Building Design+Construction’s 36th annual Reconstruction Awards honor 22 projects for standing out as the best in renovation, preservation, and adaptive reuse work.
The 2019 Reconstruction Awards jury awarded three Platinum awards, five Gold awards, four Silver awards, five Bronze awards, and five Honorable Mentions. The projects ranged in use from museums and opera houses to residential towers and hotels.
Each award-winning project is listed below. For more information about each winner, click on the project’s name or image.
The six-story MGM Springfield is the first full-service casino in Massachusetts. It occupies 14 acres over three city blocks and includes a 250-key hotel, a 125,000-sf casino, 46,000 sf of event space, and parking for 3,400 vehicles.
Wrigley Field, the second-oldest baseball stadium in the country, opened in 1914. Soon after the Ricketts family purchased the ballpark and its main tenant, the Chicago Cubs, in 2009, plans were set in motion to significantly upgrade the deteriorating structure, expand the facility, and enhance its amenities.
New York, N.Y.
Upon its completion, in 1913, the Woolworth Building was the tallest building in the world. Designed by Cass Gilbert (1859-1934), the 62-story, 792-foot Neo-Gothic skyscraper at 233 Broadway, New York, held that honor until 1930.
Christopher Aker, CEO of cloud-hosting company Linode, could have built a new headquarters anywhere he darned well pleased. Instead, he chose to put nearly $10 million into making Philadelphia’s 1906 Corn Exchange National Bank a high-powered magnet that would attract and retain high-tech talent for his fast-growing company.
College Station, Texas
In 2013, Texas A&M University College of Engineering launched its “25 by 25 initiative,” whose goal is to more than double its enrollment to 25,000 students by 2025 without incurring significant infrastructure costs. All this while simultaneously creating a 21st-century engineering education model focused on technology-enabled learning, hands-on projects, and collaborative and multidisciplinary learning spaces.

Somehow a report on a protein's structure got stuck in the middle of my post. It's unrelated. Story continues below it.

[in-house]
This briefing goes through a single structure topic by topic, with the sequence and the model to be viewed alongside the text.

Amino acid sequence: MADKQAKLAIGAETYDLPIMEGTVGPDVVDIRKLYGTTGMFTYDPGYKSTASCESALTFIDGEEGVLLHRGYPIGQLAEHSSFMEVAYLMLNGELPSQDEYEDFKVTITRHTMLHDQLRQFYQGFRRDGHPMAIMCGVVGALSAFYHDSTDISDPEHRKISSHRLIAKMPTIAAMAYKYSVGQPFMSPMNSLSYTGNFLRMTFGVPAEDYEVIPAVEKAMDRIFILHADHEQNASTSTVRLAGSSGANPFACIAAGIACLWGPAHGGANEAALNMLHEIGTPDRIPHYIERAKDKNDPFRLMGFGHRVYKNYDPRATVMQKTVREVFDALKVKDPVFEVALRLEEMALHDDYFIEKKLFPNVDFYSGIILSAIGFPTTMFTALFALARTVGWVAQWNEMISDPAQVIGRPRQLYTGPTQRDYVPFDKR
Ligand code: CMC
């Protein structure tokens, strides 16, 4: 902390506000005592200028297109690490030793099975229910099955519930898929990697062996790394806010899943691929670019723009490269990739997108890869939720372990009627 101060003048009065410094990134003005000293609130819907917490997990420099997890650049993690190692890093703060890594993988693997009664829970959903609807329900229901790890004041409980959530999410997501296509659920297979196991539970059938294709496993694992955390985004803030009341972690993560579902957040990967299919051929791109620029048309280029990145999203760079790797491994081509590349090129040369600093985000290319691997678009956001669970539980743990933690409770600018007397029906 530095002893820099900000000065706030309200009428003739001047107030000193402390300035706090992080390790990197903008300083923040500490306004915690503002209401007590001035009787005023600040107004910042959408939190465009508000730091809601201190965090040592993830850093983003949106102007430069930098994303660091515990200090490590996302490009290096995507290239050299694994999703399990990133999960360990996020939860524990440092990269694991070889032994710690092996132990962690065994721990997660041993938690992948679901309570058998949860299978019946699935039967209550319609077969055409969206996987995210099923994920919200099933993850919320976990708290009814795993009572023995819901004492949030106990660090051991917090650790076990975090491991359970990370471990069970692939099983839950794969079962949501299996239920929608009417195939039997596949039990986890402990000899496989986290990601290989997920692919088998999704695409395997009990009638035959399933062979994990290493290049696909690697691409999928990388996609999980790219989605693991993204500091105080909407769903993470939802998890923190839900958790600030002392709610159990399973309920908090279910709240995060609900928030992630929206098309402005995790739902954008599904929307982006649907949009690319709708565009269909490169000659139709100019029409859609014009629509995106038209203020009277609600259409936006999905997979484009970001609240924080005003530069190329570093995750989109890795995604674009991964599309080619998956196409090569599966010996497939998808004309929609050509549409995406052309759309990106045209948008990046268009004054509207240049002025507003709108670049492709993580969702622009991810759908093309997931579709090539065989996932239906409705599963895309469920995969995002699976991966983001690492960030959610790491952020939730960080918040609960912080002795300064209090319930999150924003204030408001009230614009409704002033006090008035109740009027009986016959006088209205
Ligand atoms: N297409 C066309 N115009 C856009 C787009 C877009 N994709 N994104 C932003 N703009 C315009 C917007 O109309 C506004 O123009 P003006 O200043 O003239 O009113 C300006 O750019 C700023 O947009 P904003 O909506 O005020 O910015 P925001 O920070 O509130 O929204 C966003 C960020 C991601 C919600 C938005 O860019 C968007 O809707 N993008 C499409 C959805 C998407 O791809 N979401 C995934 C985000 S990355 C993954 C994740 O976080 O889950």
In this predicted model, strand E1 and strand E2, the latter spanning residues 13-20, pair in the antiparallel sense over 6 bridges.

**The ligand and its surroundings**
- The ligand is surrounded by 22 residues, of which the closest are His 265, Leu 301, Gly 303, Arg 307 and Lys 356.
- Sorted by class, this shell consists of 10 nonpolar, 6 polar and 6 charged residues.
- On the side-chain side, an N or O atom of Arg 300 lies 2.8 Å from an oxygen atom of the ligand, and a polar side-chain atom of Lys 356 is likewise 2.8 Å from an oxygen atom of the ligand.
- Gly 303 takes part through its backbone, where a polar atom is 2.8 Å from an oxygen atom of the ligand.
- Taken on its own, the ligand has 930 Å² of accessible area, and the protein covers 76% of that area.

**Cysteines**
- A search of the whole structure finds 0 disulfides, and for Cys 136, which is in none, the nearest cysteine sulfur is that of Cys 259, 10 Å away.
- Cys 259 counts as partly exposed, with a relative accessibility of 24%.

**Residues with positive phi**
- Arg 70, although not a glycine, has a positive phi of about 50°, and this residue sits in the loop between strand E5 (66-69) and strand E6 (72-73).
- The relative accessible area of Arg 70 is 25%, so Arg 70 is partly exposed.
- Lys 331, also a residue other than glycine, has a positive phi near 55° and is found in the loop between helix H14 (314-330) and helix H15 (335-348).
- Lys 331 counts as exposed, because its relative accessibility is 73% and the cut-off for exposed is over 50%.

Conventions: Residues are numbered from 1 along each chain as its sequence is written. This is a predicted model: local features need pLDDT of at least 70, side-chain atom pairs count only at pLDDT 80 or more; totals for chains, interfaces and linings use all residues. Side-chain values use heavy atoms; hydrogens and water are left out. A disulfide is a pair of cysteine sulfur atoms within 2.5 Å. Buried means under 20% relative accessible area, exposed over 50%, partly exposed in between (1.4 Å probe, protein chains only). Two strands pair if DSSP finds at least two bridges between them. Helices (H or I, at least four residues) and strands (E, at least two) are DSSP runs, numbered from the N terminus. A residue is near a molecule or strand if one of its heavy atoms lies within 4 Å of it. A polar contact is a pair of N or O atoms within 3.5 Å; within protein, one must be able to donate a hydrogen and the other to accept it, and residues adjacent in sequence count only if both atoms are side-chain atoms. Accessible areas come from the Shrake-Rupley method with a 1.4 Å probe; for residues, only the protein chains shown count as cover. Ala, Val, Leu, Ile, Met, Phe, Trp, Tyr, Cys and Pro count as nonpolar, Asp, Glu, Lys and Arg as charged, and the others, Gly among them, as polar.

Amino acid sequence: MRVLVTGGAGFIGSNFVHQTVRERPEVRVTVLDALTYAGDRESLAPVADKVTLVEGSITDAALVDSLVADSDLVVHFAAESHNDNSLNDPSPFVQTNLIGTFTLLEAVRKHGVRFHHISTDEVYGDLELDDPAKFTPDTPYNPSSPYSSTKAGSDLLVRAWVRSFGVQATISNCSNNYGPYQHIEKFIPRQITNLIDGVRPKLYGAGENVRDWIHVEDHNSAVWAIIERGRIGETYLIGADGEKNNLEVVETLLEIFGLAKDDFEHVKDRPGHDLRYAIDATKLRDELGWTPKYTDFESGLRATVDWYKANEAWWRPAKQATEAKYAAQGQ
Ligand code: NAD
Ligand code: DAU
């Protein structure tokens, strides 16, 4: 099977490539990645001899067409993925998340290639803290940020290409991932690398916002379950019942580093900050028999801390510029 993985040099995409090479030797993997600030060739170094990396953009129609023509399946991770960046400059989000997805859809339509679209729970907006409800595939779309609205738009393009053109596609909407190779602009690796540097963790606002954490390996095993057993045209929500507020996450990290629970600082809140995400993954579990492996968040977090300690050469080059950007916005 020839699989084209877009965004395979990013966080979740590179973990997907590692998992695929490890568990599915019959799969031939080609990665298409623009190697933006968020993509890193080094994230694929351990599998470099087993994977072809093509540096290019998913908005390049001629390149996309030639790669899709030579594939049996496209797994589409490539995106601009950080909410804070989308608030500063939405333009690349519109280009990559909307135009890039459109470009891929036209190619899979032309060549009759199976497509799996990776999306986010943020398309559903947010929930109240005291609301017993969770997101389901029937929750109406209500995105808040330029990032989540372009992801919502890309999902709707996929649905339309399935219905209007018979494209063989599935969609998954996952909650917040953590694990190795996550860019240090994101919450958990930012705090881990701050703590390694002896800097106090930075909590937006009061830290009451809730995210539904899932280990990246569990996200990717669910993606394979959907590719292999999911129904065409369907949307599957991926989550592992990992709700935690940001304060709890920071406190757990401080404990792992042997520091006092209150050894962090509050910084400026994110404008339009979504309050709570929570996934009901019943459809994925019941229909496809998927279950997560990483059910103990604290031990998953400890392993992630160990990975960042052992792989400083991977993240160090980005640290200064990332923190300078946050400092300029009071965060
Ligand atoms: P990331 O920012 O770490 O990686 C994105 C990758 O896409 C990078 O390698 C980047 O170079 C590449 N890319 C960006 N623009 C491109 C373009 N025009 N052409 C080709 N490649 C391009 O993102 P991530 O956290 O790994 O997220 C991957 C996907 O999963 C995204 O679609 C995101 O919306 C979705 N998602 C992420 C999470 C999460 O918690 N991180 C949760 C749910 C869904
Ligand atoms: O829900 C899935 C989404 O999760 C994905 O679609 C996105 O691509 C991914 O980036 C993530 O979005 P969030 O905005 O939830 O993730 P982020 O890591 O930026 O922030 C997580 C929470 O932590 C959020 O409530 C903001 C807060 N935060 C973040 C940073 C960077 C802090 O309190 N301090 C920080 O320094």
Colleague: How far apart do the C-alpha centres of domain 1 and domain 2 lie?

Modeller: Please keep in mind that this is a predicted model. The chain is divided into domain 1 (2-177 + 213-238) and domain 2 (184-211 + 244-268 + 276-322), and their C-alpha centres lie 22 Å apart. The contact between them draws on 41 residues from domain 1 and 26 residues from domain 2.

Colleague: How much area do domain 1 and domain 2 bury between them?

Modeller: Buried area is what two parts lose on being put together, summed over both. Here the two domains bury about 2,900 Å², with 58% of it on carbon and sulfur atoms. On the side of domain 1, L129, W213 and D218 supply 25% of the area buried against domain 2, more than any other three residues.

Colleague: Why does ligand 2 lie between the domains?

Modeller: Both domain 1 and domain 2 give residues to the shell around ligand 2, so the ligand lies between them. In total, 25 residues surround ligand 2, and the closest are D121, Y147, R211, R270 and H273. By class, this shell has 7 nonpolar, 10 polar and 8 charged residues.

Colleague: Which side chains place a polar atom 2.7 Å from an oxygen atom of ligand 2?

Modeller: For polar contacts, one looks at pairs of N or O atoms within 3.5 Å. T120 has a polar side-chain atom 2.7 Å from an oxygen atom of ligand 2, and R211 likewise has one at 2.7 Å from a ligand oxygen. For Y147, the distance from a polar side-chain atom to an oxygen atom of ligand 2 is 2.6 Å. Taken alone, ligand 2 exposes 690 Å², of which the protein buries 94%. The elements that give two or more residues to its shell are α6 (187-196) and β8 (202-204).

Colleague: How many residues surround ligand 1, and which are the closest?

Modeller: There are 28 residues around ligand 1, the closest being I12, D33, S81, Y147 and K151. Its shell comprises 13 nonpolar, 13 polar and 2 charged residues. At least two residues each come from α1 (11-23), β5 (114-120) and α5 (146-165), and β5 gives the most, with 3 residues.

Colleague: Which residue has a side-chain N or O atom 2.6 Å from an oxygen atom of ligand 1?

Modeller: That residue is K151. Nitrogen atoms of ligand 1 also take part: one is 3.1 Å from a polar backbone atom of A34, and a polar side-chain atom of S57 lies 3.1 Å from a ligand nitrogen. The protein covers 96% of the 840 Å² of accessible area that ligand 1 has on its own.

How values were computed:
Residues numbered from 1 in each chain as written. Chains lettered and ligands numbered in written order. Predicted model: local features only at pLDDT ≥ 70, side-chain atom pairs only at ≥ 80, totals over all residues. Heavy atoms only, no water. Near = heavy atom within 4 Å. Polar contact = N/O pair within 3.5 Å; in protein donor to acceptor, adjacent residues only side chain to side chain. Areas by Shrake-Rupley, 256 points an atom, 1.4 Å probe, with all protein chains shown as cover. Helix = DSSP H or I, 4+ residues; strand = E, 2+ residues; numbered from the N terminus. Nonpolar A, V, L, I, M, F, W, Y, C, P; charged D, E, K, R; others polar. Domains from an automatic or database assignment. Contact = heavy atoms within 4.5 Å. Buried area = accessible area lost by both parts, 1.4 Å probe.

St. Louis, Mo.
Located at the base of the Gateway Arch, this underground museum explores seminal events in American history, such as the Louisiana Purchase and the Lewis and Clark expedition. The 46,000-sf addition and 100,000-sf renovation represented the facility’s first reconstruction work since the Museum of Westward Expansion opened in 1976.
After Cincinnati’s Union Terminal was completed, in 1933, it was deemed one of America’s most important Art Deco buildings. And certainly one of the more imposing. The rotunda alone spans 180 feet, making it the world’s second-largest half-dome (after the Sydney Opera House). Since the late 1990s, the terminal has been home to the Cincinnati Museum Center, a complex of six organizations that include a children’s museum and one devoted to natural history and science.
Little Rock, Ark.
The Paint Factory reimagines Little Rock’s oldest remaining industrial complex as a neighborhood called East Village, a mixed-use redevelopment of a factory that now includes a restaurant (Catshead Diner), apartments (12 Star Flats), a community space (The Mixing Room), and a new HQ for the project’s designer.
Springfield, Mass., the site of America’s first armory, served as the center of U.S. military munitions manufacturing and research until 1968, when the historic site and buildings were deeded to Springfield Technical Community College. One of those buildings is now the STCC’s Campus Center, which unites student services covering enrollment, academic advising, student life, and a learning commons in a 170-year-old, 764-foot-long structure.
Canada’s Parliamentary complex, in Ottawa, is undergoing a massive 10-year restoration that includes the Centre Block, which houses the government’s two parliamentary chambers. A project team led by Diamond Schmitt Architects and KWC Architects has converted the city’s 1912 train station into a stately interim home for one of those chambers, the Senate.